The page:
So how did these beers keep over time?
Surprisingly, the Winter Wassail and Spiced Cherry Dubbel hardly changed at all. They both kept very well. If anything, they became a little more balanced, but for the most part, they were exactly like I remembered them. I was kind of shocked that the fruit flavors lasted at all, but I was pleased to discover no evidence of oxidation or infection.
On the other hand, the “braggot” concoction was unrecognizable. I actually had to go back to my notes to identify what it was. The beer was kind of bland, with a sort of spicy, sort of cheesy hop character, which just wasn’t pleasing at all. I Shop Fridge Monkeysuspect that the low alcohol content didn’t preserve the beer very well, and the hops, being the main flavor feature, degraded quite a bit. This homebrew did not keep at all, so I dumped it.
The conclusion here is when you ask, “how long does homebrew keep?”, you have to know what homebrew you’re talking about. All don’t keep the same. Some homebrews to last long at all, while some keep quite well.
What’s the longest that you’ve ever aged a homebrew? How did it hold up?
David Ackley is a beer writer, homebrewer, and self-described “craft beer crusader.” He holds a General Certificate in Brewing from the Institute of Brewing and Distilling and is founder of the Local Beer Blog.

4 thoughts on “How Long Does Homebrew Keep?

  1. While not knowing beer tastes nomenclatures, I drink a lot. My best beer was a 750ml and 18 months aged “Maudite” from “Unibroue” a Quebec, Canada based brewers. It is one of their representative that told me about aging beers, told me their products were at their best at 2 years of age. I’ve tried the experience with a lot of products, mostly big bottles with cork caps.

  2. I have a few “teenagers” as they are called in the homebrew discipline (beers >12 yr old) – something akin to a “white whale” if you know this term from rare commercial craft brews. Generally very strong – 10-12% ABV – Imperial Stouts quads and triples that do very well after many years. The flavors change but are still enticing and note none of these styles has much in the way of hop flavor up front. Lots of stone fruit and caramel with some definite smoothing of the flavors as well. If live yeast was present at bottling then oxidation is usually not a problem as they will consume it. I have yet to detect much autolysis either. Takes patience though! One tip to keeping such old beer is to brew enough that you always have a surplus around so a few always seem to be left for the archive! Cheers, RCB.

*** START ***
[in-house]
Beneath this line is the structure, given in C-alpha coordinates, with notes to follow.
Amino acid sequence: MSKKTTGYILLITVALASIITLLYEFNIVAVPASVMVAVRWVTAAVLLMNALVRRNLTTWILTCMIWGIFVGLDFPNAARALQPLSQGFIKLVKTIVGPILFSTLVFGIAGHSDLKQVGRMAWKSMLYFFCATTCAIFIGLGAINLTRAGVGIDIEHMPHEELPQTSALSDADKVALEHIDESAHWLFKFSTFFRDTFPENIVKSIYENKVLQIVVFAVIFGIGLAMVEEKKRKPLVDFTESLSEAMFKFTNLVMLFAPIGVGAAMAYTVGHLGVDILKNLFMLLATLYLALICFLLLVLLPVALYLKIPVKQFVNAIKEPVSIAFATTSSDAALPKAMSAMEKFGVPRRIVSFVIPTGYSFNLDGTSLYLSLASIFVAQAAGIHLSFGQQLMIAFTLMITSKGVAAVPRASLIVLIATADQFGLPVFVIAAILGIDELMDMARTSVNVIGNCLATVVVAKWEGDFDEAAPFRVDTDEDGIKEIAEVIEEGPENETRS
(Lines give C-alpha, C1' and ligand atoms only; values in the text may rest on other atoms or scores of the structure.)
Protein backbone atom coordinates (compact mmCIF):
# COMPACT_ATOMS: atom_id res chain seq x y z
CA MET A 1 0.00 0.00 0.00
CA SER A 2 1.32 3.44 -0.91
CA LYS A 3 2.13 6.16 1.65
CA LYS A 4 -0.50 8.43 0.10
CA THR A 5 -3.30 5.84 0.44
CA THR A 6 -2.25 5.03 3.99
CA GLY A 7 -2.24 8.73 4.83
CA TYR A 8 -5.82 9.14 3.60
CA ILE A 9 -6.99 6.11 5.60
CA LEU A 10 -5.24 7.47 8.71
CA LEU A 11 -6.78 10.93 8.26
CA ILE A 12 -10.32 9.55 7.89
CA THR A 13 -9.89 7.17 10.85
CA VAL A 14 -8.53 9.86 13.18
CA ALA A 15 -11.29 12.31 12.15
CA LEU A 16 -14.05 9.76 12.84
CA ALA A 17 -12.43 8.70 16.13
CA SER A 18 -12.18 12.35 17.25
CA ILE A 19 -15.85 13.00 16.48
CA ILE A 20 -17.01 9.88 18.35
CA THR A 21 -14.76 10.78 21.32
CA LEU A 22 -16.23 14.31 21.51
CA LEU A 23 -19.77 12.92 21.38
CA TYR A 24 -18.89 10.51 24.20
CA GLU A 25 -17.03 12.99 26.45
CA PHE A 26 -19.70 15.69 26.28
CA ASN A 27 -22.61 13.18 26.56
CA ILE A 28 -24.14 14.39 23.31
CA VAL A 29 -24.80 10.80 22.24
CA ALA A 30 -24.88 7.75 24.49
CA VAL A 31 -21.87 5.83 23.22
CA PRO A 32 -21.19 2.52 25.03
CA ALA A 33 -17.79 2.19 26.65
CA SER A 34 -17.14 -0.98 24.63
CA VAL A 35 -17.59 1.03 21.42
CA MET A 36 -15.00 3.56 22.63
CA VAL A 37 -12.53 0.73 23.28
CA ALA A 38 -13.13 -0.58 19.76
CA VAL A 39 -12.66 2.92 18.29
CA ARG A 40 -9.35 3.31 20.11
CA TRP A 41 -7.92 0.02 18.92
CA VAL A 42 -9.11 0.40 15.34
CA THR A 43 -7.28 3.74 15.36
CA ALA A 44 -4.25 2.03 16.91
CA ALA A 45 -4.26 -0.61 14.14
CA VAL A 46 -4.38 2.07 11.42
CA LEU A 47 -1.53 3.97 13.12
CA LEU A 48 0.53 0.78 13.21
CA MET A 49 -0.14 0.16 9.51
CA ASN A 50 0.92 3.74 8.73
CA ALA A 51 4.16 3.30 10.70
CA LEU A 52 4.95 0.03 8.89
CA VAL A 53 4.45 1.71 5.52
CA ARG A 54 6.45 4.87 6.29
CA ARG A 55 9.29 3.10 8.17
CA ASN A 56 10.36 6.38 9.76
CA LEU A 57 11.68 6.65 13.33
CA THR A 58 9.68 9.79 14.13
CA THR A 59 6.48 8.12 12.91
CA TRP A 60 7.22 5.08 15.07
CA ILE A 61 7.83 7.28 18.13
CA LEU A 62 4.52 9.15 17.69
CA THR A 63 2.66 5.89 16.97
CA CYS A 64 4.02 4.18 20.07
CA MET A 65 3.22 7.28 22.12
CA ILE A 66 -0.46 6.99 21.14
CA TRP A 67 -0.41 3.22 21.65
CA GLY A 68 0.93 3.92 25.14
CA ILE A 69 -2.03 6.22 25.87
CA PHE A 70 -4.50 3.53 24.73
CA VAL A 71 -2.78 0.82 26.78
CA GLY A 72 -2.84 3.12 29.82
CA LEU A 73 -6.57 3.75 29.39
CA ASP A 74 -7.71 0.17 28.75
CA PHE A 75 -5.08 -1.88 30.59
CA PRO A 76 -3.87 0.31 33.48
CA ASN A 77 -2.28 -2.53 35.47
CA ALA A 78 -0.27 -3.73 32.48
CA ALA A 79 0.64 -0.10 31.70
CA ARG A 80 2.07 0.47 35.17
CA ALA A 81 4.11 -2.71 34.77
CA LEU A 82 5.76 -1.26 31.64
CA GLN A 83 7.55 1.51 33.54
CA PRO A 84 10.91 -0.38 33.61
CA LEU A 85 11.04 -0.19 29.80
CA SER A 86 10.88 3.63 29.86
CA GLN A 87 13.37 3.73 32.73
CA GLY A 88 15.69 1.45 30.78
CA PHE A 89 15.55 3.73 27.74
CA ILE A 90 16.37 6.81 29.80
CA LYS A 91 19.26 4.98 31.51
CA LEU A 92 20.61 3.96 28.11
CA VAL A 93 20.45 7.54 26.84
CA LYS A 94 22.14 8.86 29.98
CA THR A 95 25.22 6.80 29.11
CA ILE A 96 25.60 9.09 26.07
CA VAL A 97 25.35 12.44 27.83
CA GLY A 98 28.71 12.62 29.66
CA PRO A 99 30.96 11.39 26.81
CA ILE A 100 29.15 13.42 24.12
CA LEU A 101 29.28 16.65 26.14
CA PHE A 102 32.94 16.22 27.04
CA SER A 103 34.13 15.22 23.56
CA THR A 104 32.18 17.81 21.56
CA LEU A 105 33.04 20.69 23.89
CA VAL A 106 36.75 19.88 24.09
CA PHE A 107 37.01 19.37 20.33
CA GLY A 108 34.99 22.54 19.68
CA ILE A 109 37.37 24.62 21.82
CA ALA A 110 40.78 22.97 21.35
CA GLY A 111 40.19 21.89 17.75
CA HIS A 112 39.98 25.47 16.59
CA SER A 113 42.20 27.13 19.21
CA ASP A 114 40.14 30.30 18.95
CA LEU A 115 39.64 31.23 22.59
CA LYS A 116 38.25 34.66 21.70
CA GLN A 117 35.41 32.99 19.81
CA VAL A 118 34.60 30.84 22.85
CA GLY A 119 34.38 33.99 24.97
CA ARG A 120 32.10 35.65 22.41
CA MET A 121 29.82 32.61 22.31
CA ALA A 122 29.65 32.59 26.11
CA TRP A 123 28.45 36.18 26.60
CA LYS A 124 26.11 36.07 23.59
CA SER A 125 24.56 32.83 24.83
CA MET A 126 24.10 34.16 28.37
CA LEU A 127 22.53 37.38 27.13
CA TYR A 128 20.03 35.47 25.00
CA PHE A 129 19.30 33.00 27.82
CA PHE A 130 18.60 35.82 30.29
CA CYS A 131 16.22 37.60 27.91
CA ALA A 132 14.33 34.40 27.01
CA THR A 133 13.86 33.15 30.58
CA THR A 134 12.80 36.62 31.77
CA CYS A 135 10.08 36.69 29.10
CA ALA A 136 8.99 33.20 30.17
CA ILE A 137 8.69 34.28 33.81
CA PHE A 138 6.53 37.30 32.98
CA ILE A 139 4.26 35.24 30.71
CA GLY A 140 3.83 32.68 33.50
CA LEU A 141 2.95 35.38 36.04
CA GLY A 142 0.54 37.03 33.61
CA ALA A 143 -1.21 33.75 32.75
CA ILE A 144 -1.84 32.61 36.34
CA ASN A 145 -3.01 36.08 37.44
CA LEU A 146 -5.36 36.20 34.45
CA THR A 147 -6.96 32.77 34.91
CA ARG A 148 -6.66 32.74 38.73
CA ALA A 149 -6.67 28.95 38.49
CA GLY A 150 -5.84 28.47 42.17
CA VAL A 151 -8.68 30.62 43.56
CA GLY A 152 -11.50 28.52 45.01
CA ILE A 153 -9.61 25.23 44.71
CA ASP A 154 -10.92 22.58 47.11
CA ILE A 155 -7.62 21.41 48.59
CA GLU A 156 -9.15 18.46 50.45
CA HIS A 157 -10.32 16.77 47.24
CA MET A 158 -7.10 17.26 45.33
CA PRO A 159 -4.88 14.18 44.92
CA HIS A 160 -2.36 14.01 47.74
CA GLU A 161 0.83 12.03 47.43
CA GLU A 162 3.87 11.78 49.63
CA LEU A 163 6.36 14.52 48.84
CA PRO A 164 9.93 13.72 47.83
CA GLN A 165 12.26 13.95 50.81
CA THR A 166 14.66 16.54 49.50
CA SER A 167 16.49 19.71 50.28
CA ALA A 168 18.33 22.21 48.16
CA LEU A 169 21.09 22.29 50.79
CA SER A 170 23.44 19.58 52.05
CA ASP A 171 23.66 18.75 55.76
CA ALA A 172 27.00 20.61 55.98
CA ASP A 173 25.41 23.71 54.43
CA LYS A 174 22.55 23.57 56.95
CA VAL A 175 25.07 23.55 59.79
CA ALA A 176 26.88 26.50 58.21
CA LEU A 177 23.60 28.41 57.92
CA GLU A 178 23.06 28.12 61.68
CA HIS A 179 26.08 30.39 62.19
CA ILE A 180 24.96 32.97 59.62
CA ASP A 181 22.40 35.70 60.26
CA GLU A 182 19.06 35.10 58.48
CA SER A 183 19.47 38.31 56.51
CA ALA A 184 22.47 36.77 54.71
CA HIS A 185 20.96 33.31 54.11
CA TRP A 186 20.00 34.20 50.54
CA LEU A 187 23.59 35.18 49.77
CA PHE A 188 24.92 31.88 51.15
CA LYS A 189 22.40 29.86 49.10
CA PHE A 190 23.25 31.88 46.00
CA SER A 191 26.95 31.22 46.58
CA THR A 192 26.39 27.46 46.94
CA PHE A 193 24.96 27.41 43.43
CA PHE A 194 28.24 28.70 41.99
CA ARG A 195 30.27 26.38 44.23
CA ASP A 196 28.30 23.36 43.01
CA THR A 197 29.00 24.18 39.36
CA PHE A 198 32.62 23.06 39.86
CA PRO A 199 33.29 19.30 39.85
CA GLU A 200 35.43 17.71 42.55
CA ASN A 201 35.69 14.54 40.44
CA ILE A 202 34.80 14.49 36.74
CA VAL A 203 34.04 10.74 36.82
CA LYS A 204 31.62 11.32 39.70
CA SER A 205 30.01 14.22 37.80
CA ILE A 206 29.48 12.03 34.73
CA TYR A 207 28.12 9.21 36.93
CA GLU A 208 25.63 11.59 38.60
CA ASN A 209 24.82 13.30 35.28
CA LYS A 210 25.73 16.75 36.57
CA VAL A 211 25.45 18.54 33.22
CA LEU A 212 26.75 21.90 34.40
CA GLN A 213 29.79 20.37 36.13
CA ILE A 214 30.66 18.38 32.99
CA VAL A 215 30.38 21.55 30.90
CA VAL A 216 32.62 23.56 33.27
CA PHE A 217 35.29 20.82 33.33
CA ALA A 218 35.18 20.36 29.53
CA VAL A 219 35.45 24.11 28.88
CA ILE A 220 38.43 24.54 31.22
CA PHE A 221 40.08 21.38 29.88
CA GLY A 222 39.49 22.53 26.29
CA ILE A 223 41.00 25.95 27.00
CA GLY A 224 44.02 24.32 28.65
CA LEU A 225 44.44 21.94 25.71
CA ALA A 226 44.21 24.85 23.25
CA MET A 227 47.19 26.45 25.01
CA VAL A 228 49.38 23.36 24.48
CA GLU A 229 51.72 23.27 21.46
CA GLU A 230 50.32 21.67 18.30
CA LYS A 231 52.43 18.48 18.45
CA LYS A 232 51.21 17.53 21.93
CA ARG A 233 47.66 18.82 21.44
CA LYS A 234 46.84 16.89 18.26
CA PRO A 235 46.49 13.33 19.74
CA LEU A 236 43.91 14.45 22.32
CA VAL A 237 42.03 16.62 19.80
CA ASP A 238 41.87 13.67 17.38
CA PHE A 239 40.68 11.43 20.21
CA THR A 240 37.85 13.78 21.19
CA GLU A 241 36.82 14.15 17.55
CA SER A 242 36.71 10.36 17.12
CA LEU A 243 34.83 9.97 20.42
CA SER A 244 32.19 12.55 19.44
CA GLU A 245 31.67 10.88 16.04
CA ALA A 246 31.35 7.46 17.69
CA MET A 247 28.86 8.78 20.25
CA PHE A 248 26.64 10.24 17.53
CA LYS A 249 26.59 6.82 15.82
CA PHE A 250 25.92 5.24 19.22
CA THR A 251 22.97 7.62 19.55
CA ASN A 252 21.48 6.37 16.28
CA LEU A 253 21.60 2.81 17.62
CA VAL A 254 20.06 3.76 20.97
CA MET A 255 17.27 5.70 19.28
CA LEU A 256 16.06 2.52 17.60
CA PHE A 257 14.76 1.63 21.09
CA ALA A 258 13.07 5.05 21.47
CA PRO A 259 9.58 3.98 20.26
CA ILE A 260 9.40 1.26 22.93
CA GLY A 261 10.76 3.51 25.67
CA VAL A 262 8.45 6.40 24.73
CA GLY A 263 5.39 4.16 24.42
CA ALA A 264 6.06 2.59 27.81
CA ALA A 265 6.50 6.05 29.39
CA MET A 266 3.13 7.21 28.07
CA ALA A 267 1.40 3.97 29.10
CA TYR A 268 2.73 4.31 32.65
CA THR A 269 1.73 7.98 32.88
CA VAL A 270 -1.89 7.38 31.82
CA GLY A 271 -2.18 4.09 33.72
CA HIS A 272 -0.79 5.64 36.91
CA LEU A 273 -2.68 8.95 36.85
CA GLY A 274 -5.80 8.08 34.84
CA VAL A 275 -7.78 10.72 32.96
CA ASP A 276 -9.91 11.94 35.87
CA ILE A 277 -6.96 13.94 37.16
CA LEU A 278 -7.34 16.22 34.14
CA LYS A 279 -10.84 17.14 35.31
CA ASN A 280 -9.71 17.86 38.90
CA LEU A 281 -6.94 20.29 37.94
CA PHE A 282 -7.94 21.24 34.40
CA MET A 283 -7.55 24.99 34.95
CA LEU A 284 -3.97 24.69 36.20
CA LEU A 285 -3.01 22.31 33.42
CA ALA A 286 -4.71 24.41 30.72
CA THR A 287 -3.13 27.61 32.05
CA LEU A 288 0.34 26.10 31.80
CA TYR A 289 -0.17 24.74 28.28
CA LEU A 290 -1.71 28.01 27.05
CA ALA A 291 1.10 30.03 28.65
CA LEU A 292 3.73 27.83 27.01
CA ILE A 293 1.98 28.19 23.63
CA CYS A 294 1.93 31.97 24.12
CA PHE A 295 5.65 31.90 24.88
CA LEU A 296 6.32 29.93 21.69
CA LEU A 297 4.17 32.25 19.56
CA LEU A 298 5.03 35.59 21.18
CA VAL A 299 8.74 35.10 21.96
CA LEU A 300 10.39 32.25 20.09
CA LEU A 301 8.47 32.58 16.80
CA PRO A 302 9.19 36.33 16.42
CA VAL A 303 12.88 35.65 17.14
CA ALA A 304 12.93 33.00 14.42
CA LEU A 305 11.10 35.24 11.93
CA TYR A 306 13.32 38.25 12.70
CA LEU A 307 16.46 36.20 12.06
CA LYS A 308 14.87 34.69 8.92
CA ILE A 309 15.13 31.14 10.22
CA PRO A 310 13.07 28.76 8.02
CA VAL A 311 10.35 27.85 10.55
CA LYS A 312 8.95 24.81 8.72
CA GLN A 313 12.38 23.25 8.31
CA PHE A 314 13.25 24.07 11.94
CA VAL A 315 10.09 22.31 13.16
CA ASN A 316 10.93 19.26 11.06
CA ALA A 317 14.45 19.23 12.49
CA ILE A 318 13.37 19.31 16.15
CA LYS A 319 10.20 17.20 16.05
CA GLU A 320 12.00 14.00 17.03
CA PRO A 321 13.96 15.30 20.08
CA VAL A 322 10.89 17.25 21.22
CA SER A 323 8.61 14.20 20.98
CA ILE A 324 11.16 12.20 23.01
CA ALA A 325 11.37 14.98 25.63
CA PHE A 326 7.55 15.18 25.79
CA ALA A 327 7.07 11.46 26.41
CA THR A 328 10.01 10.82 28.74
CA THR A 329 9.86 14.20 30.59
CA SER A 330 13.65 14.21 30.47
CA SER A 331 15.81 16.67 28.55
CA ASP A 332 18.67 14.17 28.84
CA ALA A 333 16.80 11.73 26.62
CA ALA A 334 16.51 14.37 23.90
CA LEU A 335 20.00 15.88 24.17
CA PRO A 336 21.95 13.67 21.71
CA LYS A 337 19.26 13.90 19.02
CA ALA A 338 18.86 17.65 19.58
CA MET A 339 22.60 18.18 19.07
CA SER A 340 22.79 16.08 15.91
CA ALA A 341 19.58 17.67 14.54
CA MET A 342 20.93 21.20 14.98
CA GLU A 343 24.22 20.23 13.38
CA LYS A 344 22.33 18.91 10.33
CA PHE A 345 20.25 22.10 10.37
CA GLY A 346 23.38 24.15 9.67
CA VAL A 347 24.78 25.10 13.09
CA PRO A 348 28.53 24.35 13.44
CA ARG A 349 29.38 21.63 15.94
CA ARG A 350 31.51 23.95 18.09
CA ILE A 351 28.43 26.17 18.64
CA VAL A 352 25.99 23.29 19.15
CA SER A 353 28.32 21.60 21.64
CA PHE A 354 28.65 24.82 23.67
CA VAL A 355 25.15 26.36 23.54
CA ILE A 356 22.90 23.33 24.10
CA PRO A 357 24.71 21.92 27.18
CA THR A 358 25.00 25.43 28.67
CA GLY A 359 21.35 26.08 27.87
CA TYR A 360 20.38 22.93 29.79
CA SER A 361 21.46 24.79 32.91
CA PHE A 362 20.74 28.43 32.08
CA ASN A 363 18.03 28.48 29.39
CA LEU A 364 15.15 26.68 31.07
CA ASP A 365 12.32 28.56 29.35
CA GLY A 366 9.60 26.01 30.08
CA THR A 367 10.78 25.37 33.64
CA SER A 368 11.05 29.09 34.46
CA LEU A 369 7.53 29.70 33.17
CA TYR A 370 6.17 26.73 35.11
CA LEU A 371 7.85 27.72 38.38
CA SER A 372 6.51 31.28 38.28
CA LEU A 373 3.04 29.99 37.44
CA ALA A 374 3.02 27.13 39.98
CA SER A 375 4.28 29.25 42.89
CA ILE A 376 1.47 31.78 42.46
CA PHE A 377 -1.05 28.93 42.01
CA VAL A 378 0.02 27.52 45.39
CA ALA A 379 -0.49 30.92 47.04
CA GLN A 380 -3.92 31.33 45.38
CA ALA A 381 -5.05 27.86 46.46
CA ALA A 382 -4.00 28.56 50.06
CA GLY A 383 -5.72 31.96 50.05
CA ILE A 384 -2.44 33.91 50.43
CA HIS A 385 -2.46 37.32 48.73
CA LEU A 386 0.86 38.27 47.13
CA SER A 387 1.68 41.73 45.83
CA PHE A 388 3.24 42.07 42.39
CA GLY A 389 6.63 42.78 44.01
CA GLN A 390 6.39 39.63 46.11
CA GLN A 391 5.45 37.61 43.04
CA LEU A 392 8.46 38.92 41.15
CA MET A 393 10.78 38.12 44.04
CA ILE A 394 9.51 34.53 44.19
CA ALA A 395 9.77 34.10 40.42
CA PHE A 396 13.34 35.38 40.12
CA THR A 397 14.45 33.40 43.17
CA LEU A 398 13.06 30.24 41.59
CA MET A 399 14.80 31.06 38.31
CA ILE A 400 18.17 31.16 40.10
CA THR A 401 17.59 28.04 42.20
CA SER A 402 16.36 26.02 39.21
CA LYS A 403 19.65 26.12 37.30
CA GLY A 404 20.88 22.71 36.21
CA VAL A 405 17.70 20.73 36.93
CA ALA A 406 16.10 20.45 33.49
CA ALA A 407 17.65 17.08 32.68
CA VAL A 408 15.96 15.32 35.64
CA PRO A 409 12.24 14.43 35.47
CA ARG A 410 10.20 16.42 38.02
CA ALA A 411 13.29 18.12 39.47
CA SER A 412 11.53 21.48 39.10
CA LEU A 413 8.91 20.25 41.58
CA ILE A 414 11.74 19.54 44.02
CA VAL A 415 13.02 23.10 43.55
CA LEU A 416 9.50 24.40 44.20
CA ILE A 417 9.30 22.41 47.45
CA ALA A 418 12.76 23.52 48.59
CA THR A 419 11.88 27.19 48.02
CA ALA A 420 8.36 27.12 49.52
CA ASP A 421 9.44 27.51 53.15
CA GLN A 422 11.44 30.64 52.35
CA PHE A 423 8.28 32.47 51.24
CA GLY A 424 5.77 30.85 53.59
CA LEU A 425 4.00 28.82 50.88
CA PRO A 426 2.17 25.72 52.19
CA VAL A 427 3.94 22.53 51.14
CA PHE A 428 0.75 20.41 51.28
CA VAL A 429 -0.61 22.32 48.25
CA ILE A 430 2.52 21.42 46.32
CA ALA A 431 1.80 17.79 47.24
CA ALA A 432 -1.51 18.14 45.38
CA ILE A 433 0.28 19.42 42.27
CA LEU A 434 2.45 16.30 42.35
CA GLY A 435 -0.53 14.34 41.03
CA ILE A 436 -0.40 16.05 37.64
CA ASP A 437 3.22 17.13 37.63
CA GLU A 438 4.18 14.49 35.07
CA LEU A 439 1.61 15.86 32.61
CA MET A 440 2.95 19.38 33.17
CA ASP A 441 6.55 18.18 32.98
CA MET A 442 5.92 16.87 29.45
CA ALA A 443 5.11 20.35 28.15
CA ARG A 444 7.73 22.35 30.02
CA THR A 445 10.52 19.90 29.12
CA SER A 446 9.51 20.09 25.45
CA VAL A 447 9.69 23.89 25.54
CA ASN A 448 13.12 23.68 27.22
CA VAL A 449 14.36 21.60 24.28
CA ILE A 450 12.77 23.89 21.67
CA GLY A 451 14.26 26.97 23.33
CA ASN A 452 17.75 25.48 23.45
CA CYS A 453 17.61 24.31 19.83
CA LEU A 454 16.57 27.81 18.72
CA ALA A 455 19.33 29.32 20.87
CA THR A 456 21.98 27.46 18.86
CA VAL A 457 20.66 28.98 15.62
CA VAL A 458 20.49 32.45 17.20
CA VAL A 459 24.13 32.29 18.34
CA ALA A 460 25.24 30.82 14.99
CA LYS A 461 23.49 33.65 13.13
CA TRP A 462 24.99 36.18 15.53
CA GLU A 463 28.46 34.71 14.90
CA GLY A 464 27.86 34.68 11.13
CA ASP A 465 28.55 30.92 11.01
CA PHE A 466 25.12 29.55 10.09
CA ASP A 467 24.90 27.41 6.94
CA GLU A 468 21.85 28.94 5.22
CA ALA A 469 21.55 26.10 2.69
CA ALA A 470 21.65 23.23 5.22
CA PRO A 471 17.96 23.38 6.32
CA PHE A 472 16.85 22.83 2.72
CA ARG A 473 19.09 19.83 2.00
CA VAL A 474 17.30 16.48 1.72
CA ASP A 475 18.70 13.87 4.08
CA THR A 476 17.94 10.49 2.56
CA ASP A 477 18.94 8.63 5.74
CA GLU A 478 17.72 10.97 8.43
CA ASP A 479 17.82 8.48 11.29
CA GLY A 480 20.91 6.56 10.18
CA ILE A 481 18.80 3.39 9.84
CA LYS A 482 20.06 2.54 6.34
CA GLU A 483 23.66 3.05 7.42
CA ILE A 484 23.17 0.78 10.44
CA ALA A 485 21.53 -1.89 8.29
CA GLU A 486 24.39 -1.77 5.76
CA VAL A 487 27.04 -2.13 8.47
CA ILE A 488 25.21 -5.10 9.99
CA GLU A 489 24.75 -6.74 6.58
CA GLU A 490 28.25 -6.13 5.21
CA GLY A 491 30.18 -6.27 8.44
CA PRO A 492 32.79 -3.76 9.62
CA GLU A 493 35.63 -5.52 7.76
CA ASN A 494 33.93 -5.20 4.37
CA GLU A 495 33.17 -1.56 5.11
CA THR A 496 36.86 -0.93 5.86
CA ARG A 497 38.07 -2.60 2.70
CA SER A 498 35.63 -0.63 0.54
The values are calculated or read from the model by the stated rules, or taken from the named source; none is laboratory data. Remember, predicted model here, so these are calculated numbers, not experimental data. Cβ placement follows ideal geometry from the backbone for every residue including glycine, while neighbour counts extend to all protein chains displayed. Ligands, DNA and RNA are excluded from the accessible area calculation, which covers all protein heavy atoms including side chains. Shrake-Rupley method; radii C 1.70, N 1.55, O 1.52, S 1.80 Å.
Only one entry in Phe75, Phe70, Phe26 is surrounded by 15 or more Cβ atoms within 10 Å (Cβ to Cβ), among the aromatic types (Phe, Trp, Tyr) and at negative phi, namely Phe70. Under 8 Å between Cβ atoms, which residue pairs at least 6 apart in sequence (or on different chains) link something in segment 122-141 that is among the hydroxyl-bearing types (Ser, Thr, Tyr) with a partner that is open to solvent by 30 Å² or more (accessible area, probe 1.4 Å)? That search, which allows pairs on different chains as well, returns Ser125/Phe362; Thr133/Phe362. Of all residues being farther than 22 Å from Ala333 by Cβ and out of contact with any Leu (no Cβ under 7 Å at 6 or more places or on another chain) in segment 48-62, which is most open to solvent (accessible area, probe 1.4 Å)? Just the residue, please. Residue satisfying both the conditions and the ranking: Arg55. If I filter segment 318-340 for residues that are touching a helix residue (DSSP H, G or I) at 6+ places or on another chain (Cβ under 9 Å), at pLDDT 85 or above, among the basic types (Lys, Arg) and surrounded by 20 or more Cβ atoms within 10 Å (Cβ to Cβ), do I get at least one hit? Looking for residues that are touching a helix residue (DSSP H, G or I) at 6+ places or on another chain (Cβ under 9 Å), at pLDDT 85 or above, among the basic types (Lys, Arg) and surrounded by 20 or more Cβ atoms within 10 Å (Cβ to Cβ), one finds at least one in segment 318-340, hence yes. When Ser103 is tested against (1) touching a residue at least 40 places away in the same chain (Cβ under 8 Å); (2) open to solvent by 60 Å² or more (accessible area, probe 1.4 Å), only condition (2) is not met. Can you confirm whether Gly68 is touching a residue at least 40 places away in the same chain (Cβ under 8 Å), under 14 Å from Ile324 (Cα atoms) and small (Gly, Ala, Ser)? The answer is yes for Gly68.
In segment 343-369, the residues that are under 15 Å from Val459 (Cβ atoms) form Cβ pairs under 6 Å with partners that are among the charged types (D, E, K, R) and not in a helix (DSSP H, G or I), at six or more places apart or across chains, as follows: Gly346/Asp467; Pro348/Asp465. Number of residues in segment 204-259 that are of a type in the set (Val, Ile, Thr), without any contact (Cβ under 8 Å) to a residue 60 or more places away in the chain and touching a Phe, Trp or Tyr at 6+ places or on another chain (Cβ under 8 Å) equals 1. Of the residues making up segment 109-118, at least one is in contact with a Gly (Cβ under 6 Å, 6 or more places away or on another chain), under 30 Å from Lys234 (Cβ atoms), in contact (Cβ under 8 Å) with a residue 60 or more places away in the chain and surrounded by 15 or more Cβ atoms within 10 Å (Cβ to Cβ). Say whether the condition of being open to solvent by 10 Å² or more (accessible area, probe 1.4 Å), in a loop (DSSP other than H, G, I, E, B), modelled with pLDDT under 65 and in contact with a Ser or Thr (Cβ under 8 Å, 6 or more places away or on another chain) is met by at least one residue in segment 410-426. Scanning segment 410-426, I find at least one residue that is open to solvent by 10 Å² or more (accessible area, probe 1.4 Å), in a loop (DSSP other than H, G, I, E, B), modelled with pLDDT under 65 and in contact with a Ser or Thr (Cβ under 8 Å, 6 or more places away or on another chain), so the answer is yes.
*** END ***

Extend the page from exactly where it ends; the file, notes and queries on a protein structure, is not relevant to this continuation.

3. I just discovered 7 bottles of a Chocolate coffee stout that I pitched May ’16, bottled in July ’16. I thought it was all gone so was really happy to find them buried in my stash. It is only 5.5% ABV, I was worried it might have gotten too old. Well I cracked one open, and WOW it is even better now that it had aged. So 1.5 months aging in the secondary, and then 8 mos in the bottle and it is fantastic. I’m trying to not drink the other 6 bottles. Self control is key…

  4. Tonight I cracked open an English Bitter bottled in September 2016. Still delicious although a little murky. Was surprised as i was expecting it to be skunky at an ABV of around 5.5%.